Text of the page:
Monday, 29 April 2013

Tantra, Adi

My Review-

Sometime during a chilly winter’s eve I was walking the familiar crowded streets when a book had caught my attention. It was the end of the month and all that I had was 200 bucks in my pocket. Without a second thought I went ahead and wasted it on the book that then appeared like a wonderful, wonderful piece. That evening I went back home and begun on the book. On the first page itself, I sensed it. I sensed that it was a bad buy. I had gambled my money and lost it. That particular night I swore never to lay my hand on a vampire book again. I still am the one who posts sarcastic jokes not just on social networking sites.

Four years later, I broke the promise and decided to review this one. I saw the cover and I yelled to myself, ‘Heck! The cover is tacky!’ But nevertheless I had to at least try to read it before I gave up. So yes, the story begins in NYC where a vampire hunter Anu Agarwal has that one person whom she dearly loved is dead. She resolves to seek revenge and that leads her to New Delhi. What she finds out on landing in India is that this is a land where danger lurks in the air. One does not need to be bit and get his or her blood intoxicated to end up as a dead piece of meat. On the other hand Anu has an aunt who is devoted to get her married or at least into a romantic relationship. But Anu is simply not interested. All that could ever interest her is the mystery of the death of the only person she loved and that secret mantra. Tantra, is Anu, the protagonist’s journey to find the much desired, powerful mantra.

First of all as I already stated, I hate vampires and I hate the blood-sucking. Secondly, the cover is ugly. I mean the black and the blue is a lovely combo but the graphics work ruins it all. The concept though a little clich├ęd is interesting only because the setting is in India. It is unrealistic too provided there is no history that vampires have had in India. Nothing about the literature convinced me on the same to be honest. Anyways but the story had a really fast pace. There were no grammatical errors or should I just say that the author has flawless knowledge in terms of grammar which again is my preliminary concern when trying out a debutante because of the simple fact that the market is flooded with such books with too many typos and horrible grammar.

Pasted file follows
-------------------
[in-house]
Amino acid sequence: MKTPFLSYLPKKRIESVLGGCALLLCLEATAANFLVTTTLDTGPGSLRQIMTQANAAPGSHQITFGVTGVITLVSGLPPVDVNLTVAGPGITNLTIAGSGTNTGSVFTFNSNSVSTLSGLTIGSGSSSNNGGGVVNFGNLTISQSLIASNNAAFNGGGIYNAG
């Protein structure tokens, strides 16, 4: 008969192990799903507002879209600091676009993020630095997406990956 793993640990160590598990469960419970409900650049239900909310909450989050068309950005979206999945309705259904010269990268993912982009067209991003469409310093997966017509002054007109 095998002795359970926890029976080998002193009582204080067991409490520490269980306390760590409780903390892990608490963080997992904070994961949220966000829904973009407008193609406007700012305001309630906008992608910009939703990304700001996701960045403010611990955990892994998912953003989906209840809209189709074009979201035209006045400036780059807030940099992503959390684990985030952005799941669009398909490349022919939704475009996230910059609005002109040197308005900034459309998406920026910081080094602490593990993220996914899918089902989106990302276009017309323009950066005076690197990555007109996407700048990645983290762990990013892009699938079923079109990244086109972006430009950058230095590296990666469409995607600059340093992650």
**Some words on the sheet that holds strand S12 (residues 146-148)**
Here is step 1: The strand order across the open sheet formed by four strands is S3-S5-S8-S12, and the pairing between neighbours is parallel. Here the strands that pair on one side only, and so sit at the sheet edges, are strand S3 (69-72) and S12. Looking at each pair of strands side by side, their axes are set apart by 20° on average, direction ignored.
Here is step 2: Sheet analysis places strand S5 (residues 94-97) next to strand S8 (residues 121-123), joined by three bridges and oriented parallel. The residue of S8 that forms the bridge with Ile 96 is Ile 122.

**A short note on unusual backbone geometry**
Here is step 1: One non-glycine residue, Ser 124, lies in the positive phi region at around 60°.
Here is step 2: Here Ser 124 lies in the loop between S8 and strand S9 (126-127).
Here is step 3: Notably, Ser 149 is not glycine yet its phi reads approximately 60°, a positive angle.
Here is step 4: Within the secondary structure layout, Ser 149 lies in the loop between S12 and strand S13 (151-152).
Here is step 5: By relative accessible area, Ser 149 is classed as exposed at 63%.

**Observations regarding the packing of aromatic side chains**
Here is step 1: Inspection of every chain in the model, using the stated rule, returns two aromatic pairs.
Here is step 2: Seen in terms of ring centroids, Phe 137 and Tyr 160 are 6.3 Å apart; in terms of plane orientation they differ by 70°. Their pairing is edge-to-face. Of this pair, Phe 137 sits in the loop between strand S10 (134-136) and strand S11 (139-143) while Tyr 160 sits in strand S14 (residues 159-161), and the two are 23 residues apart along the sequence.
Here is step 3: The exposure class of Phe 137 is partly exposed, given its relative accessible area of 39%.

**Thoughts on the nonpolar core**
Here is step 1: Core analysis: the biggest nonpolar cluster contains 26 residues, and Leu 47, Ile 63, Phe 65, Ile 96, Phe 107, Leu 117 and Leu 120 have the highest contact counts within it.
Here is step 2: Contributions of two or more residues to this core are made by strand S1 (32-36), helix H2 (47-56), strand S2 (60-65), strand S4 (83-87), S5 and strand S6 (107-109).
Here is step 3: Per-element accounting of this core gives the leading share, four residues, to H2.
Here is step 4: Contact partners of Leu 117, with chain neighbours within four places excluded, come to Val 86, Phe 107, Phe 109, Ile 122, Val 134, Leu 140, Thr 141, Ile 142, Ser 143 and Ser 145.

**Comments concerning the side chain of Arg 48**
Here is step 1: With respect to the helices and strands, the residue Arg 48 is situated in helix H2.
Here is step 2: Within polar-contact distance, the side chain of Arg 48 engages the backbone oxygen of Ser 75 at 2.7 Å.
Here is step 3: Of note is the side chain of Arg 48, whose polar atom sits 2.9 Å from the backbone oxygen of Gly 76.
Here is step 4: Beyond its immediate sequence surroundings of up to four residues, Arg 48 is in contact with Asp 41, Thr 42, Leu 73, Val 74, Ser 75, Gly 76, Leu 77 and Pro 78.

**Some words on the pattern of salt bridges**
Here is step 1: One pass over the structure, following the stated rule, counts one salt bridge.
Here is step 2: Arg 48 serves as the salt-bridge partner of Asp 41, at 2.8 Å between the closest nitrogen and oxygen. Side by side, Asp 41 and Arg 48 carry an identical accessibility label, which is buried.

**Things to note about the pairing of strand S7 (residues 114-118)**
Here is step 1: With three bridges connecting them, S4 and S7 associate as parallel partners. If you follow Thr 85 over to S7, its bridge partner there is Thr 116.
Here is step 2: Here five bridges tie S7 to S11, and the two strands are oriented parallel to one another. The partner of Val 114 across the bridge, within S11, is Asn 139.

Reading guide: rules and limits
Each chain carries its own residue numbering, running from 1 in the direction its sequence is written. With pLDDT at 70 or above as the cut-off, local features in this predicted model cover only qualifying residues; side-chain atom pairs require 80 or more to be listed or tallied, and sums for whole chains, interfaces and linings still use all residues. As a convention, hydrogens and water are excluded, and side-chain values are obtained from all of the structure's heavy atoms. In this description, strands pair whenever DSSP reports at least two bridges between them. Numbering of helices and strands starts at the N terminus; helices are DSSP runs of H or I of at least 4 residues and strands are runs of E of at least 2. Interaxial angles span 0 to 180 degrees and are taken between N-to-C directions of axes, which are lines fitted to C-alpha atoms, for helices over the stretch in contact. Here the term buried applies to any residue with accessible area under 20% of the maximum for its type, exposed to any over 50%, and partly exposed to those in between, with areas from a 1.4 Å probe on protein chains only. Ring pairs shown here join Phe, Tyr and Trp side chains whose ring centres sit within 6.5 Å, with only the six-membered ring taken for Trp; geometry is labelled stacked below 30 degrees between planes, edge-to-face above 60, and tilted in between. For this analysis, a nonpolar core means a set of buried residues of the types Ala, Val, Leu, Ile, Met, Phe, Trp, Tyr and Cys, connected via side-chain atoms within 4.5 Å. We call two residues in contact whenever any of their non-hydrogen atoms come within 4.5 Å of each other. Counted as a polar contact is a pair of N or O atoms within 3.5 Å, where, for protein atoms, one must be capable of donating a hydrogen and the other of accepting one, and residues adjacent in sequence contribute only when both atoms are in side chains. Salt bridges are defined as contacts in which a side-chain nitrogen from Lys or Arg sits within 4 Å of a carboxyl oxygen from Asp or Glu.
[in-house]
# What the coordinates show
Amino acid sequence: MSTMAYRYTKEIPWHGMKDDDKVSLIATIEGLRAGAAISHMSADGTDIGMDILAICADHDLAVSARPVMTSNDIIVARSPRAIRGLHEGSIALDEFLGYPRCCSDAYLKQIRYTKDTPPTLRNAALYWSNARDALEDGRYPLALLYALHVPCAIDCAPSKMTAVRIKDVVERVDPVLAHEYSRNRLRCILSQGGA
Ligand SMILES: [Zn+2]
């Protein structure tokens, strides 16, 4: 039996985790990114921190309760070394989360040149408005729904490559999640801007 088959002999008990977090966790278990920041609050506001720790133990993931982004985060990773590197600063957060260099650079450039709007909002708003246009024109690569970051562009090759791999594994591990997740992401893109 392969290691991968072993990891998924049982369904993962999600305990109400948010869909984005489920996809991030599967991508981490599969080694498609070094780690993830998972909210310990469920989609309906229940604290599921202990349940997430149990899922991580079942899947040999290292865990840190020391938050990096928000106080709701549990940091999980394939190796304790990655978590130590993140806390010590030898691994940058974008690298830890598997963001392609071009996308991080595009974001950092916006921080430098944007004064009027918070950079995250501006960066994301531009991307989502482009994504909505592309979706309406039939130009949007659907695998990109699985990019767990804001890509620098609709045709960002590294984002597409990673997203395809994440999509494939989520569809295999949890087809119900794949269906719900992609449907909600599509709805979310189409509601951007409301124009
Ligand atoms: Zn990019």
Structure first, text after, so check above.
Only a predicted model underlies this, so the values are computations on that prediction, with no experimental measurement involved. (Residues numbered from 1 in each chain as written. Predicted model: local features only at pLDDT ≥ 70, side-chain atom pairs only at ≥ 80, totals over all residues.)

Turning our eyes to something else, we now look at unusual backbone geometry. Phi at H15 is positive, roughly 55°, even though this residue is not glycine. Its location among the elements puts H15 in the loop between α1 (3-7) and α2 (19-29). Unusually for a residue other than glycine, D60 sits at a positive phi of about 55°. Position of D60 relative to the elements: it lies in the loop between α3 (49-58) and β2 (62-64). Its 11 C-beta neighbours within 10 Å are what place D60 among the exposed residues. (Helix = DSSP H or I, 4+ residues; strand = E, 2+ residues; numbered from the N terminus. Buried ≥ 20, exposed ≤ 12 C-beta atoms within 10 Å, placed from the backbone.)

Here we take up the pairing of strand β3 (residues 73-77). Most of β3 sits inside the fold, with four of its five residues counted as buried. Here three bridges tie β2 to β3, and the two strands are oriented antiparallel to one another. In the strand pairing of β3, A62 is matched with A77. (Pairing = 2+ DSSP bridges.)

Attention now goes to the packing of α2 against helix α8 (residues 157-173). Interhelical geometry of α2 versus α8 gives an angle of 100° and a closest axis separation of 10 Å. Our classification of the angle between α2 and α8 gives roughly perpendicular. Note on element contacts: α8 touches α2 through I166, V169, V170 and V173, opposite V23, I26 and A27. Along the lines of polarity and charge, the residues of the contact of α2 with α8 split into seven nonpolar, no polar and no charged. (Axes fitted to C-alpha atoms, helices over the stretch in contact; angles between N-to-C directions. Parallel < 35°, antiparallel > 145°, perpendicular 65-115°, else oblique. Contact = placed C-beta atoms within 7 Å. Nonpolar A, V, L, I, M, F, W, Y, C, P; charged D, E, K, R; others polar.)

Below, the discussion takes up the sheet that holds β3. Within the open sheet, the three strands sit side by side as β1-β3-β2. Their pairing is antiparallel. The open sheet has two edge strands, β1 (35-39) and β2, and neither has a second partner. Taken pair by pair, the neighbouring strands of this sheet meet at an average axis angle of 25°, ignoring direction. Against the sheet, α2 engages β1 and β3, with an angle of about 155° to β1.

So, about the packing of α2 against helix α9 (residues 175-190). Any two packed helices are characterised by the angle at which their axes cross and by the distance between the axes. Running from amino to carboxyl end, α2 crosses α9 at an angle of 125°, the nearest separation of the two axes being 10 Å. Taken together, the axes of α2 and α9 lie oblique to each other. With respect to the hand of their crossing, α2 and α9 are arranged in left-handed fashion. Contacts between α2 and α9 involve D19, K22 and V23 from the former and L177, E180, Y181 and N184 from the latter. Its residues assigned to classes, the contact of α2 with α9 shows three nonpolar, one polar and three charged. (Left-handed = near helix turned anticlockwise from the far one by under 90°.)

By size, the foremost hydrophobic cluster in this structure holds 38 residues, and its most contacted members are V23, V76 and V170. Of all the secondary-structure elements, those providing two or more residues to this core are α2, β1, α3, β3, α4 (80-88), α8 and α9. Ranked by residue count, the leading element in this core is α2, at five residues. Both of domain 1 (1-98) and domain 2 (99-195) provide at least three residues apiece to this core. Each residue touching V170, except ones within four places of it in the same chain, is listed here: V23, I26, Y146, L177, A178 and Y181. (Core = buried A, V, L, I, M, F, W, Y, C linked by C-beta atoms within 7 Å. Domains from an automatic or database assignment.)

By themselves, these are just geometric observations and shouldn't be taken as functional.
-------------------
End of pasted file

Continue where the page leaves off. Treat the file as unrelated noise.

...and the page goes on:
As a character Anu’s aunt pleases me the most. Her nature is of a typical Indian aunt, irritating and haughty. I love her for she comes as a breath of fresh air amidst the traditional action-packed vampire hullaballoo. I absolutely adore how the author has incorporated tantra and mantra, two of the most powerful weapons of Indian mythology into the foreign concept. The book gives away too much and yet doesn’t elaborate enough when it needs to. I’m afraid that is where it might lose most of its readers. A book, especially when part of a series, has to balance both the suspense and the requisite knowledge. That is the basic essence of it. If you give away too much, no one buys the next book and if you don’t elaborate on the essentials, no one buys the other books in the series either. Either you destroy the series for the readers or you don’t create enough interest. However, this is only the first book in the first series by a debutante author. Nothing is lost if he learns from what mistakes he has made and chooses to correct them in the next installment.

Wednesday, 17 April 2013

Fire On The Mountain, Anita Desai